Hence, it now becomes reasonably certain that in this specific case, it would have been fatal for the appellant to have waited for SPO1 Espejo to point his gun before the appellant fires back.

 

 

 

Reasonable Means Employed

 

        To successfully invoke self-defense, another requisite is that the means employed by the accused must be reasonably commensurate to the nature and the extent of the attack sought to be averted.[31][18]

 

        Supporting petitioner’s claim of self-defense is the lone gunshot wound suffered by the victim. The nature and number of wounds inflicted by the accused are constantly and unremittingly considered as important indicia.[32][19]  In People v. Catbagan,[33][20] We aptly held:

 

 

The means employed by the person invoking self-defense is reasonable if equivalent to the means of attack used by the original aggressor.Whether or not the means of self-defense is reasonable depends upon the nature or quality of the weapon, the physical condition, the character, the size and other circumstances of the aggressor; as well as those of the person who invokes self-defense; and also the place and the occasion of the assault.

 

 

        In the instant case, the lone wound inflicted on the victim supports the argument that petitioner feared for his life and only shot the victim to defend himself. The lone gunshot was a reasonable means chosen by petitioner in defending himself in view of the proximity of the armed victim, his drunken state, disobedience of an unlawful order, and failure to stand down despite a warning shot.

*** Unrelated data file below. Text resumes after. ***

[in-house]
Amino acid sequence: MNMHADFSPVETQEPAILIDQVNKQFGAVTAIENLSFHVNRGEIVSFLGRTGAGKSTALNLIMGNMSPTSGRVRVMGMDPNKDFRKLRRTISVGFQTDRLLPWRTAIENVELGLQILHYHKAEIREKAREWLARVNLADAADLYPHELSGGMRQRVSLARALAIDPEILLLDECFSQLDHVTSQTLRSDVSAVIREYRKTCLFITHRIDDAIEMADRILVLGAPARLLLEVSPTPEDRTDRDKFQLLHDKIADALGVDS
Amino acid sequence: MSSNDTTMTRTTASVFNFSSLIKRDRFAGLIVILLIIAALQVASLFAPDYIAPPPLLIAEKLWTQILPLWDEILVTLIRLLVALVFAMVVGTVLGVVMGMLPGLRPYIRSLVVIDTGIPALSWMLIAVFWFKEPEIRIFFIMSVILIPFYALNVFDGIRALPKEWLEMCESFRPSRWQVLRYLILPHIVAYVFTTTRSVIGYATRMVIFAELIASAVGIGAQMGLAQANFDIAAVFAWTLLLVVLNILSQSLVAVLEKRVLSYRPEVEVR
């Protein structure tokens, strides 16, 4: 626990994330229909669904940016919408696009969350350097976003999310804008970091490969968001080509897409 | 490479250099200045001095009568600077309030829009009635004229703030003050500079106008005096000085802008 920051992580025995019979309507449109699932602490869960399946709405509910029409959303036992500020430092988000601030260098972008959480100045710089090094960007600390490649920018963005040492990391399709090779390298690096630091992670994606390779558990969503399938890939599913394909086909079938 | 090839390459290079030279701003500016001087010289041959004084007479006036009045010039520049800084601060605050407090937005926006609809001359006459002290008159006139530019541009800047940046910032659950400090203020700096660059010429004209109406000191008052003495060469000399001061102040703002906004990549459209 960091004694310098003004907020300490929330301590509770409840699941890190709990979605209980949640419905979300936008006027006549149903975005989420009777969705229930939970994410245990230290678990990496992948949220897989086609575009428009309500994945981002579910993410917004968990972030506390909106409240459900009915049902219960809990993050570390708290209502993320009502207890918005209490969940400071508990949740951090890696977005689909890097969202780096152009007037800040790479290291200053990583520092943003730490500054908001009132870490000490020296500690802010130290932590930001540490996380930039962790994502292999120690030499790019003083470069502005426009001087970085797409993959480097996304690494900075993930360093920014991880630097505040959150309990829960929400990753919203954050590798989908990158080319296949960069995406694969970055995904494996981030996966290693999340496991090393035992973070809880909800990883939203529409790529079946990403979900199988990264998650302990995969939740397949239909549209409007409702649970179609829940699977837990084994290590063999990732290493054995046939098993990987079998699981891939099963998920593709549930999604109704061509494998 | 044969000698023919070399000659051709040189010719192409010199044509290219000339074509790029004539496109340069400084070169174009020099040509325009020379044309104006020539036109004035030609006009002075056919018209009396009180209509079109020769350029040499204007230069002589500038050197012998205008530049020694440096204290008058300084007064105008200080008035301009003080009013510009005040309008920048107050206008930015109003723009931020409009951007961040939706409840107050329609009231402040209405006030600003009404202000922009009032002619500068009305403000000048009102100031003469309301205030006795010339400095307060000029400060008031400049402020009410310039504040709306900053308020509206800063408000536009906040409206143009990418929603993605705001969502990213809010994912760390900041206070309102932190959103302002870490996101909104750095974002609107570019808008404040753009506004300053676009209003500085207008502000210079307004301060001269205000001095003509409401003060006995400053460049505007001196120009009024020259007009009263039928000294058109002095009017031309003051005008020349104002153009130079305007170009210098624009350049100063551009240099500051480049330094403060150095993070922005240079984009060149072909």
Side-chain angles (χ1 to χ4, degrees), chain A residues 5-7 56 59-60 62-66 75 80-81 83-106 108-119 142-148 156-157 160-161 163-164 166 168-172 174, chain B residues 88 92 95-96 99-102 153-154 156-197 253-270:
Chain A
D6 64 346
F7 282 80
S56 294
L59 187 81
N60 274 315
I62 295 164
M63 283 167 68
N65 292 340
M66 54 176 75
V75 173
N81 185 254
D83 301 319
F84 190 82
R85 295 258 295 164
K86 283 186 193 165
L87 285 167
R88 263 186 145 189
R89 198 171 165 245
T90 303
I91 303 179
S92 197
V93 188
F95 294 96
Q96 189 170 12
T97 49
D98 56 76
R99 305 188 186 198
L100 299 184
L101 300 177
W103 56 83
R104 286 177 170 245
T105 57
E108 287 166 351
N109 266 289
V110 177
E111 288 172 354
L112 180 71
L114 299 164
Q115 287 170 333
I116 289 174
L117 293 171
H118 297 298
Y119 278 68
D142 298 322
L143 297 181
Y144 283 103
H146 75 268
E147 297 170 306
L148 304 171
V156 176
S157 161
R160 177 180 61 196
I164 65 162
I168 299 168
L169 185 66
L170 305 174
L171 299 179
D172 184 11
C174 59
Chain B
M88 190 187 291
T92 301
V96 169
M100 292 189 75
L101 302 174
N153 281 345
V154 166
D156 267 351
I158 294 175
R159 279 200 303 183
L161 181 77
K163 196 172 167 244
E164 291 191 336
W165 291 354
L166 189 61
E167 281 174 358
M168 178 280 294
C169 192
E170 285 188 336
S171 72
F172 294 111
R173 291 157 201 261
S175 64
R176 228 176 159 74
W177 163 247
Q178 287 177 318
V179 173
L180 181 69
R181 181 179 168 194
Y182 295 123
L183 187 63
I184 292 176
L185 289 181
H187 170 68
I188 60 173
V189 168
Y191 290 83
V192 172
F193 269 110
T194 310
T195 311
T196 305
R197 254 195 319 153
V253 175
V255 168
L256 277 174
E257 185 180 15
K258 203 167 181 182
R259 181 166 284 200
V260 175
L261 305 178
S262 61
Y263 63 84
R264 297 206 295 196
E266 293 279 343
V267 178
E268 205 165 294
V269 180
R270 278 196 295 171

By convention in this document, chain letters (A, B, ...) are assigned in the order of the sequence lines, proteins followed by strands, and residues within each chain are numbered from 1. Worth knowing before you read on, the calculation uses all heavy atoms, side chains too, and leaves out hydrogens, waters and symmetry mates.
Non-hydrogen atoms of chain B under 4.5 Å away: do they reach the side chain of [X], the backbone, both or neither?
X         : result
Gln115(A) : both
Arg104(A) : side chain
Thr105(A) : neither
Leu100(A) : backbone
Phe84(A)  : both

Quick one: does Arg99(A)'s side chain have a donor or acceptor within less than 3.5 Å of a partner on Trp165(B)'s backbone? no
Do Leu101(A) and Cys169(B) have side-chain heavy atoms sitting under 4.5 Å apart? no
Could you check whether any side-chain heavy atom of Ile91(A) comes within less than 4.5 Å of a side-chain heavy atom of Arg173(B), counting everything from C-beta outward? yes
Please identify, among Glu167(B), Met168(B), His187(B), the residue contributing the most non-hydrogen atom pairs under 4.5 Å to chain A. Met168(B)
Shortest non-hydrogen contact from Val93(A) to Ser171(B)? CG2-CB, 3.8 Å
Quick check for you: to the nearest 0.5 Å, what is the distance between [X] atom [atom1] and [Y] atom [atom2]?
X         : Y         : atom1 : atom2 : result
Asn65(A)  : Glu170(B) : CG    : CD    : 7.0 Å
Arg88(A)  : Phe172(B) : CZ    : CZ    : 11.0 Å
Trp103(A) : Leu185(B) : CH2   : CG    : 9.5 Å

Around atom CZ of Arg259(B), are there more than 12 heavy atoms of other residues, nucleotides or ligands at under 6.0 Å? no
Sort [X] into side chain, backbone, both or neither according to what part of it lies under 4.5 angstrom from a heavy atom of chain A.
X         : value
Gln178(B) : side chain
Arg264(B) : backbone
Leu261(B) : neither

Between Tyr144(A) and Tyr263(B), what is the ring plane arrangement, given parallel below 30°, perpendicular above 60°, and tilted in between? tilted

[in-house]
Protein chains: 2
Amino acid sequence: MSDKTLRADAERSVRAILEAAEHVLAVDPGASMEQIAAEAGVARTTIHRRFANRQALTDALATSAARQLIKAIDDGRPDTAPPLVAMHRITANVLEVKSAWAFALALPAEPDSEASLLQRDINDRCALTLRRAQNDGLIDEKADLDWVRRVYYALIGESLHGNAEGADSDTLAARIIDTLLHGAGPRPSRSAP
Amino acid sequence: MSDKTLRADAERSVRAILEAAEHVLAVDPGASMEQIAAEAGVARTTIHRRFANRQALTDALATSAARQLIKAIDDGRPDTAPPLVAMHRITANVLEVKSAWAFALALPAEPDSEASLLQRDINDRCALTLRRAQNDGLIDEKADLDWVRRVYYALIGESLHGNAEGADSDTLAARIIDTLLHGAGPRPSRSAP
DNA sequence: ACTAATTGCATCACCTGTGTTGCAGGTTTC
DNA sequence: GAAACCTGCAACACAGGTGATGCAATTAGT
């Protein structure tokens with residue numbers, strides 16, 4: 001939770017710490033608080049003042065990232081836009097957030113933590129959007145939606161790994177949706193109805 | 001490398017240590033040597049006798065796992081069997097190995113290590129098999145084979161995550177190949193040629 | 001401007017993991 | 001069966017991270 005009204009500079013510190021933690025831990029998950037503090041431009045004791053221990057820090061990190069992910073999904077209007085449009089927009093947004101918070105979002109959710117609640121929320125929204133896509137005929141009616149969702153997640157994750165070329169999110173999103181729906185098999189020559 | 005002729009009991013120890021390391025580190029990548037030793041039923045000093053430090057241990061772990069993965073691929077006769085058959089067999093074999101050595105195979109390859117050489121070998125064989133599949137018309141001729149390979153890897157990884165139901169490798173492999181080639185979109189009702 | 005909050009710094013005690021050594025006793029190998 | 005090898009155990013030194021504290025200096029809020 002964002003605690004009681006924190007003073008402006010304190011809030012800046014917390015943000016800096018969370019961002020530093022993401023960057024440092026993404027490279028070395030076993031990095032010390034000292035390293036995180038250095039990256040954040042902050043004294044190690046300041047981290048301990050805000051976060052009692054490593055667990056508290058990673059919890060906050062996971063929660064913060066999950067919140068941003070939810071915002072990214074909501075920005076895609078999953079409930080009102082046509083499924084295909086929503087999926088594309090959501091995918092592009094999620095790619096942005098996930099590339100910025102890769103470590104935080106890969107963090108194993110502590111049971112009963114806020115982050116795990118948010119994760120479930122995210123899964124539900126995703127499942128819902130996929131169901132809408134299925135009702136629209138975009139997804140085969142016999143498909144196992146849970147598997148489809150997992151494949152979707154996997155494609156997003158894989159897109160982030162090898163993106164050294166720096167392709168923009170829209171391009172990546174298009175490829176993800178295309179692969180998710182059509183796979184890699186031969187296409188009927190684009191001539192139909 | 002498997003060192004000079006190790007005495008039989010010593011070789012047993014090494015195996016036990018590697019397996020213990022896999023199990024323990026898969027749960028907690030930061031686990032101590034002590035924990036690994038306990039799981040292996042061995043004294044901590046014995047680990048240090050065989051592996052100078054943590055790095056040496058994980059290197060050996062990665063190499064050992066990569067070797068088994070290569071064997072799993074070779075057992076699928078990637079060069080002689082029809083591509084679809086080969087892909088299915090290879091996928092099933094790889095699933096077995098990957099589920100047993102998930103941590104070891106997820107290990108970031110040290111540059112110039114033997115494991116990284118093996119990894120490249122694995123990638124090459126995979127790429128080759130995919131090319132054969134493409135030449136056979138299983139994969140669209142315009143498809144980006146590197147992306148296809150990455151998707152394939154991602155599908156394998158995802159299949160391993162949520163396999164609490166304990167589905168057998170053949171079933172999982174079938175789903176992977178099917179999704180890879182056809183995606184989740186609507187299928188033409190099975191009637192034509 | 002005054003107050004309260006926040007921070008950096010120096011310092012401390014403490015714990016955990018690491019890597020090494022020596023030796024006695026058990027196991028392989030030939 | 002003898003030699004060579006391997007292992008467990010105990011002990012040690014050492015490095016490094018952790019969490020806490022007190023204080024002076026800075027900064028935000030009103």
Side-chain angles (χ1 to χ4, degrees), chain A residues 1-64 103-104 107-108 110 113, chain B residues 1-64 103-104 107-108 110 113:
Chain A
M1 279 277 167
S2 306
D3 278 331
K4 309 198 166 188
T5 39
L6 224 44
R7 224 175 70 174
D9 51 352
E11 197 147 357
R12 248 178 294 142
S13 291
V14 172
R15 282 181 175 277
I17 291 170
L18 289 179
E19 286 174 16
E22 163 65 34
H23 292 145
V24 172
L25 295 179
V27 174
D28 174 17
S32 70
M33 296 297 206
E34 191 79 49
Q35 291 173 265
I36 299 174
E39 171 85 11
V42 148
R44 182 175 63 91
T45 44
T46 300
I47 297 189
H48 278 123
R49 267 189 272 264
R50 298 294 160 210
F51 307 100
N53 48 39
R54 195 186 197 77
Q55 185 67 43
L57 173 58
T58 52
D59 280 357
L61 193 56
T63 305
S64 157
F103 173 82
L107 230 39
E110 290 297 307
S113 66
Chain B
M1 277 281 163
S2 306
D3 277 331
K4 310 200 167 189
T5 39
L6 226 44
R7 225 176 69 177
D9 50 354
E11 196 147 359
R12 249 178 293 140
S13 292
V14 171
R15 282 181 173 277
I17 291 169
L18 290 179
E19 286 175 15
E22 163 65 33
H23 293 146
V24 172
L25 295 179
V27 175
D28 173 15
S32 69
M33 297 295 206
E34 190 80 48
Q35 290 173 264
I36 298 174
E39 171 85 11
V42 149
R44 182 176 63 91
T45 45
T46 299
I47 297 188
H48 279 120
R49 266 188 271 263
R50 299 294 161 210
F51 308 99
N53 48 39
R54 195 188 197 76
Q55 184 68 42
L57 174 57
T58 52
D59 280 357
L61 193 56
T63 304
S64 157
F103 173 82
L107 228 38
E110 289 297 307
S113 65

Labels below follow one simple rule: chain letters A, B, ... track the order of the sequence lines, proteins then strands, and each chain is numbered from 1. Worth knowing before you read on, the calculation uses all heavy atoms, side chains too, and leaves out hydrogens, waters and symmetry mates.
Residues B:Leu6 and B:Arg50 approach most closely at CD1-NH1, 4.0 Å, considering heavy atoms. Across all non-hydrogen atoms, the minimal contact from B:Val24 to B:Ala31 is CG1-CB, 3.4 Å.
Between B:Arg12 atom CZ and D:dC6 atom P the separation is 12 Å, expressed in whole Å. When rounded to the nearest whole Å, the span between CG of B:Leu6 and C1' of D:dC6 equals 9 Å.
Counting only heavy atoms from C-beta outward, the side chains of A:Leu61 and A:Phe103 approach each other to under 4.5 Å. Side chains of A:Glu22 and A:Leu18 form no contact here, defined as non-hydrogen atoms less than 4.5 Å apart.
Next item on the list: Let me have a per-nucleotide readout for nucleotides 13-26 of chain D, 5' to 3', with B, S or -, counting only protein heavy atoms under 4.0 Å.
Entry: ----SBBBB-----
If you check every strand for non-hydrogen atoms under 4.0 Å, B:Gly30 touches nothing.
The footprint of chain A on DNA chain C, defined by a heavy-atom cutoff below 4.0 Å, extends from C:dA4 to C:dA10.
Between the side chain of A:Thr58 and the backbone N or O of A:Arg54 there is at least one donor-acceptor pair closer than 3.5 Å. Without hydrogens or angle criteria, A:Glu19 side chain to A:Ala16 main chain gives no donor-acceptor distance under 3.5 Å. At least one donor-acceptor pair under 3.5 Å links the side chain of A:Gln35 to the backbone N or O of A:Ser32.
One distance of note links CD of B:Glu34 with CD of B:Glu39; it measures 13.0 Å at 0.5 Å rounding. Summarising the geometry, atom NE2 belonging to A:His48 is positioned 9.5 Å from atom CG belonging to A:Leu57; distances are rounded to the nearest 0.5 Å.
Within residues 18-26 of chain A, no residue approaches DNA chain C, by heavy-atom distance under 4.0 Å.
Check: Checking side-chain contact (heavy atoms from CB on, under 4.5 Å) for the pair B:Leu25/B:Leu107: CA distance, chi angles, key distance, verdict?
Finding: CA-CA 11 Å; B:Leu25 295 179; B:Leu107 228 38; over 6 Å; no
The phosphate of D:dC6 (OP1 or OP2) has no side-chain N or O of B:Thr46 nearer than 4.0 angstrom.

Lack of Sufficient Provocation

The last requisite for self-defense to be appreciated is lack of sufficient provocation on the part of the person defending himself or herself. As gleaned from the findings of the trial court, petitioner gave the victim a lawful order and fired a warning shot before shooting the armed and drunk victim. Absent from the shooting incident was any evidence on petitioner sufficiently provoking the victim prior to the shooting.

 

        All told, We are convinced that petitioner was only defending himself on the night he shot his fellow police officer.  The rule is that factual findings of the trial court and its evaluation of the credibility of witnesses and their testimonies are entitled to great respect and will not be disturbed on appeal.[34][21] This rule is binding except where the trial court has overlooked, misapprehended, or misapplied any fact or circumstance of weight and substance.[35][22] As earlier pointed out, the trial court did not consider certain facts and circumstances that materially affect the outcome of the instant case.  We must, therefore, acquit petitioner.